iSCSI SAN Software and Storage Virtualization: An Overview

September 24, 2009 | By | 2 Replies More

Reading time: 2 – 3 minutes

It’s going to be a little bit tough this time discussing something as obscure as this topic but I’ll certainly do my best to make it lighter and understandable as I can.

Web hosting as we all know operate on virtualized servers. Considering the concept of Storage virtualization involves the abstraction of logical storage from physical storage which means virtualization of storage takes place by making data independent of its location.

Having a little concept about web hosting, normally an IP is provided. An iSCSI (pronounced eye-skuzzy) also known as Internet Small Computer System Interface that is IP-based serves as the storage networking standard for linking data storage facilities. Whenever SCSI commands are carried over within the network, iSCSI facilitates the data transfers over intranets and manages location-independent data storage and retrieval over long distances using its existing network infrastructure. It also makes possible the transmission of data over local area networks (LANs), wide area networks (WANs), and the Internet.

As a popular storage area network (SAN) protocol, it provides organizations the ability to consolidate storage into data center storage arrays while at the same time providing hosts (such as database and web servers) with the illusion of locally-attached disks making it a lot better than the traditional Fibre Channel, which requires special-purpose cabling.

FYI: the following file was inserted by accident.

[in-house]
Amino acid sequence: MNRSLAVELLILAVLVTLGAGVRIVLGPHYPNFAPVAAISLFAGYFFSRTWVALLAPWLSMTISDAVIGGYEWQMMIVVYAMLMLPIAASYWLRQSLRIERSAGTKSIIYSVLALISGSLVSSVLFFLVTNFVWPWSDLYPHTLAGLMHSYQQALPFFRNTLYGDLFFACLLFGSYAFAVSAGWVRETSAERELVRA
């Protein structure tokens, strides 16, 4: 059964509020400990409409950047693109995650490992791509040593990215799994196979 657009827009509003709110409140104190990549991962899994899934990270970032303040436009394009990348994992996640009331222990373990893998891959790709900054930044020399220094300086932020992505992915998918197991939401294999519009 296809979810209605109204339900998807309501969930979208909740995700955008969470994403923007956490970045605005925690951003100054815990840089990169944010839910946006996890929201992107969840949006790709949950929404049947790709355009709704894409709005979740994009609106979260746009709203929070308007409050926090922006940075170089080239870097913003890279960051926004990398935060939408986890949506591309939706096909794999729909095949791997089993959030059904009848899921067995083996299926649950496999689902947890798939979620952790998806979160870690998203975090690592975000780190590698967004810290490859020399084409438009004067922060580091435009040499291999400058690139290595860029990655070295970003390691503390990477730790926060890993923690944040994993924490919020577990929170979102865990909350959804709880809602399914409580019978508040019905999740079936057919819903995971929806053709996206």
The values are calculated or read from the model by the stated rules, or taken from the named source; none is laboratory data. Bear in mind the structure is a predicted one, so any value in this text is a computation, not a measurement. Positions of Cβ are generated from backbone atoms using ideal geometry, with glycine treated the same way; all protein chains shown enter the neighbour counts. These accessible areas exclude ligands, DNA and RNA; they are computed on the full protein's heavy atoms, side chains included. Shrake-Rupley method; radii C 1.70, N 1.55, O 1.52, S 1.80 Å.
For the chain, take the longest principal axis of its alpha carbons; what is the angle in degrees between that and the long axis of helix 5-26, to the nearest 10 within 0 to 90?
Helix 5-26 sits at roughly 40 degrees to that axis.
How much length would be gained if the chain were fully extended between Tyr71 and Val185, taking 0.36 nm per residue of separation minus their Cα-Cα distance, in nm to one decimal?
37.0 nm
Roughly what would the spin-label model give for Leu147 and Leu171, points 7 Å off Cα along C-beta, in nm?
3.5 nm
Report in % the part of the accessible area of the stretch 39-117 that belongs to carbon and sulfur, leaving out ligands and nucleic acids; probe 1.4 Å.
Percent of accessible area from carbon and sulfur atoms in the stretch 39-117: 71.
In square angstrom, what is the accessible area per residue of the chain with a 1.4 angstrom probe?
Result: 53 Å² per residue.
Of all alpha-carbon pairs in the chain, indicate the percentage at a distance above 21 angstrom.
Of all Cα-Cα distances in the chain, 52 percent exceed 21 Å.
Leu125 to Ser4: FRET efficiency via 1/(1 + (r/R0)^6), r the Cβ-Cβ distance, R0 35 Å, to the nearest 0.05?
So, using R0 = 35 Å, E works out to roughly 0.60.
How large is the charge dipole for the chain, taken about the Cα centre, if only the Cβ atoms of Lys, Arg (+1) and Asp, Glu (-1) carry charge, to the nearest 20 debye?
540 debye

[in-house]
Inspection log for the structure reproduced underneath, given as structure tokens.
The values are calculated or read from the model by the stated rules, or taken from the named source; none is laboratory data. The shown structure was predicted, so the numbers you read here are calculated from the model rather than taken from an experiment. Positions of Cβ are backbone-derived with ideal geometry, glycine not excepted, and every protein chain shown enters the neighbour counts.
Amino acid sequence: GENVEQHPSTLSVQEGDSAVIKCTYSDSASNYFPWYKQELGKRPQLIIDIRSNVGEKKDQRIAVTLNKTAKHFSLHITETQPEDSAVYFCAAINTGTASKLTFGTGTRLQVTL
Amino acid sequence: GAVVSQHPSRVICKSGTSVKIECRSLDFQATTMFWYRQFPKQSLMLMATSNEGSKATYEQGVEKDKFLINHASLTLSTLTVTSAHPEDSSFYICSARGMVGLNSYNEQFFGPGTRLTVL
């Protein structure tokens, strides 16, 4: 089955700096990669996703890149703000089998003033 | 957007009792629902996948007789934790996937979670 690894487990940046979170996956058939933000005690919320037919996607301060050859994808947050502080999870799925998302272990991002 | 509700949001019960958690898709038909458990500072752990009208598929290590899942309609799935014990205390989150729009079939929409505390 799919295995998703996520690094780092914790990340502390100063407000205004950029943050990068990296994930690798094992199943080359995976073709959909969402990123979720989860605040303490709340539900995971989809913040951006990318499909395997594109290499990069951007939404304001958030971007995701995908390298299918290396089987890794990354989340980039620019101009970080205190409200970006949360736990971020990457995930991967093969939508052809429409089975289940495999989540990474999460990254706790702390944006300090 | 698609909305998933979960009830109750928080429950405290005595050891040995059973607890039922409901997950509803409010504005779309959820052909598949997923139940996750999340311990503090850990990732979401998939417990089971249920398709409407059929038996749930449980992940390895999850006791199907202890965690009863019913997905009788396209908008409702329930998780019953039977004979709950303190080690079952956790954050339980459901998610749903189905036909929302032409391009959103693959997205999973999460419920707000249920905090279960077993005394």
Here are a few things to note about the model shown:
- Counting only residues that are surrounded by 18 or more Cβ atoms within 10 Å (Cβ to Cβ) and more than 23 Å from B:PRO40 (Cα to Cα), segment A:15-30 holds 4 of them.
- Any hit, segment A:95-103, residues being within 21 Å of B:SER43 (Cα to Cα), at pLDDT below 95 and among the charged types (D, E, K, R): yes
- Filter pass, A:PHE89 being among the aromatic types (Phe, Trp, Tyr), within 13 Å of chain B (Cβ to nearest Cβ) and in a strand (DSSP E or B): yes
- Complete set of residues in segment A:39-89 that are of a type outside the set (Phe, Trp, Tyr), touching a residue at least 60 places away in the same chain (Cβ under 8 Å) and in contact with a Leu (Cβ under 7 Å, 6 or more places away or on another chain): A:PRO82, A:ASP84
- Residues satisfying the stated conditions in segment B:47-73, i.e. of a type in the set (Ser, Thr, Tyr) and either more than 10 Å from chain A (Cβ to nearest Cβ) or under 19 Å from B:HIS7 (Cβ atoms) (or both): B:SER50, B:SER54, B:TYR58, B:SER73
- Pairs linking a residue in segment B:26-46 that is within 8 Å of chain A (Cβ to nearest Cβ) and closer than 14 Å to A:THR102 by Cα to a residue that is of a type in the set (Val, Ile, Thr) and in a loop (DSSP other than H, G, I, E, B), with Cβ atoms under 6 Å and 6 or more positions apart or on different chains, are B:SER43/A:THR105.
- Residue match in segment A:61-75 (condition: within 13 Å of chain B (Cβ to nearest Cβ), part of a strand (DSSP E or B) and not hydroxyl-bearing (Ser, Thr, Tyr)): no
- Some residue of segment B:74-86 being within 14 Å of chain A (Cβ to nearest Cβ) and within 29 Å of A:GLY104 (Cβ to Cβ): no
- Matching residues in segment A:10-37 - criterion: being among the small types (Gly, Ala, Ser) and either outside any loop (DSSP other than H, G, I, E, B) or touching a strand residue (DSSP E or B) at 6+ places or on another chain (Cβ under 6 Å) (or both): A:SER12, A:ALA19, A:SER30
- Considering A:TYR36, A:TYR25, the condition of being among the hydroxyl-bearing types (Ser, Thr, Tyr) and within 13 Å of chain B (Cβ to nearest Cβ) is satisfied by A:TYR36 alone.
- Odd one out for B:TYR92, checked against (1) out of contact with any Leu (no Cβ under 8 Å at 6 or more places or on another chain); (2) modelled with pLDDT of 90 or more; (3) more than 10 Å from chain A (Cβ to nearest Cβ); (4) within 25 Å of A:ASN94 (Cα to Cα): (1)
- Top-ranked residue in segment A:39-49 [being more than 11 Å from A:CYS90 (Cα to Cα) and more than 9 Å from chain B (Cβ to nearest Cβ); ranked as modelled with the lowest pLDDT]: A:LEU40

Having iSCSI storage software makes possible the conversion of any standard 64-bit or 32-bit Windows Server into a scalable SAN that can work over an existing Ethernet network. A great example of this is that of StarWind Enterprise Server that helps organizations build rock-solid, high-performance IP SAN on IT-friendly budget.

Part of iSCSI SANs disaster recovery mechanism is its ability to allow entire disk arrays migration across a WAN with minimal configuration changes, thus, making storage “routable” in the same manner as network traffic which can also be applied in extreme cases whenever there are prolonged outages. In simple terms, it can function as a back up.

I have only discussed the salient points of the topic and tried not to be too technical as much as possible. If you have any questions or insights that you would like to share, feel free to do so at the comments section. This post was brought to you by our friends from www.starwindsoftware.com.

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Category: data storage, software

Comments (2)

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  1. Wolfgang says:

    The great thing about iSCSI is that you can hack one together for under a $1,000 these days. Its won’t be the greatest solution but it will work if you have a tight budget.
    .-= Wolfgang´s last blog ..Security at Home =-.

  2. Mathdelane says:

    Hi Wolfgang,
    It’s good to have you here. I think iSCSI is economical and completely serves its purpose of making data management very efficient and secure.

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